East Tennessee hospitals affected by saline shortage as flu season hits

Cheryl Sanders
January 13, 2018

Local hospitals report a shortage of intravenous products that are made in Puerto Rico.

Steward Health Care, which operates Trumbull Regional Medical Center, Northside Regional Medical Center and Sharon Regional Medical Center and Hillside Rehabilitation Hospital in Howland, said it has "never had this national shortage affect any aspect of patient care here locally".

Hurricane-ravaged Puerto Rico on Wednesday launched a new drive to become the 51st U.S. state, with the island's governor demanding an end to "second-class" treatment of its citizens.

Xcel Energy trucks loaded on to a barge in Lake Charles Louisiana destined for Puerto Rico
Xcel Energy trucks loaded on to a barge in Lake Charles Louisiana destined for Puerto Rico

Hurricane Maria's impact has hit home.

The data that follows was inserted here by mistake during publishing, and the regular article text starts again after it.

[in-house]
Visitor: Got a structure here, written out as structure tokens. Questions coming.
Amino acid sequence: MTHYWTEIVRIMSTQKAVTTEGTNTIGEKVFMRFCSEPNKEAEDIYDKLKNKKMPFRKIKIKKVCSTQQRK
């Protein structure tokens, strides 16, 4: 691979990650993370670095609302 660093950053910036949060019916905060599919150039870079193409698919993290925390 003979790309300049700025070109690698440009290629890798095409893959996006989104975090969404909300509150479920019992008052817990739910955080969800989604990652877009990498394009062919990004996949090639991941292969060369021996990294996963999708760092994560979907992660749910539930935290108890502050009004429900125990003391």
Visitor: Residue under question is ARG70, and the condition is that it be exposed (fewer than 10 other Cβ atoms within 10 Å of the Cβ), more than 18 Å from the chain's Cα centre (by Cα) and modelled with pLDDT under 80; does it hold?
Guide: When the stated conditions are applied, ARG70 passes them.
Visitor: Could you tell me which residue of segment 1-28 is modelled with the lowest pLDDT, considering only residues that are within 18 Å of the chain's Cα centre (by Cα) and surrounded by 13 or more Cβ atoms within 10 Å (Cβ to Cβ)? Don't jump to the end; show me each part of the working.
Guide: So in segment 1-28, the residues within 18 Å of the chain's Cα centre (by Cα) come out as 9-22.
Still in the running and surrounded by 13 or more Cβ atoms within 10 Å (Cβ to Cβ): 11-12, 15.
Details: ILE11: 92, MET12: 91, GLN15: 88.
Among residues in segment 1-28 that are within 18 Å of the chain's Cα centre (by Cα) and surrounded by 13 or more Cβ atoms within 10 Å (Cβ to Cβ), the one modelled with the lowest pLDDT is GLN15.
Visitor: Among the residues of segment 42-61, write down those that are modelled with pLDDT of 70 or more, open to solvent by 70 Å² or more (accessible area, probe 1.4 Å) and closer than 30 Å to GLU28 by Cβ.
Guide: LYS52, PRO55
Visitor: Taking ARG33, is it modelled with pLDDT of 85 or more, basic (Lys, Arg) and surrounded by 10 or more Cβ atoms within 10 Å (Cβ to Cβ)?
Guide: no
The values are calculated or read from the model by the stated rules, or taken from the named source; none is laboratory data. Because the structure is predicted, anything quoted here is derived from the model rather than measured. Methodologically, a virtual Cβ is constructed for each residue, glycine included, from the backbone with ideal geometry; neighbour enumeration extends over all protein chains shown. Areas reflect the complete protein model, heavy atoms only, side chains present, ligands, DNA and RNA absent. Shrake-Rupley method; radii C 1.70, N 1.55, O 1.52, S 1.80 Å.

JetBlue (NASDAQ:JBLU) has announced the 100-day milestone of its 100x35JetBlue hurricane relief initiative, which launched shortly after Hurricane Maria struck Puerto Rico in September 2017, the company said.

But finding those other suppliers could become more hard. Ohio Health System will evaluate its new practices to see which are cost-effective and should be kept, said pharmacy services head Curt Passafume Jr.


Now, Xcel Energy crews are being called in to help restore the destroyed power grid. Baxter, one of the main producers of IV saline fluids, got power back its Puerto Rican plant in later December after weeks of outages.

Saline and other nutrient solutions are are given to dehydrated flu patients through IV bags, but this year, there is a shortage of those much-needed supplies.

"UNC Health Care, along with most other hospitals nationwide, continues to face shortages of some medical supplies".


Duke University Hospital says every month, it's only getting half the fluids it used to before the hurricane. A request for similar information to Via Christi Hospital in Pittsburg was not returned.

"We have seen an increase in the number of flu cases compared to a year ago". While this shortage appears bigger, hospitals have dealt with shortages before, Thompson said, so they'll keep monitoring supplies - and knocking on wood. "People are doing things to preserve their supply".


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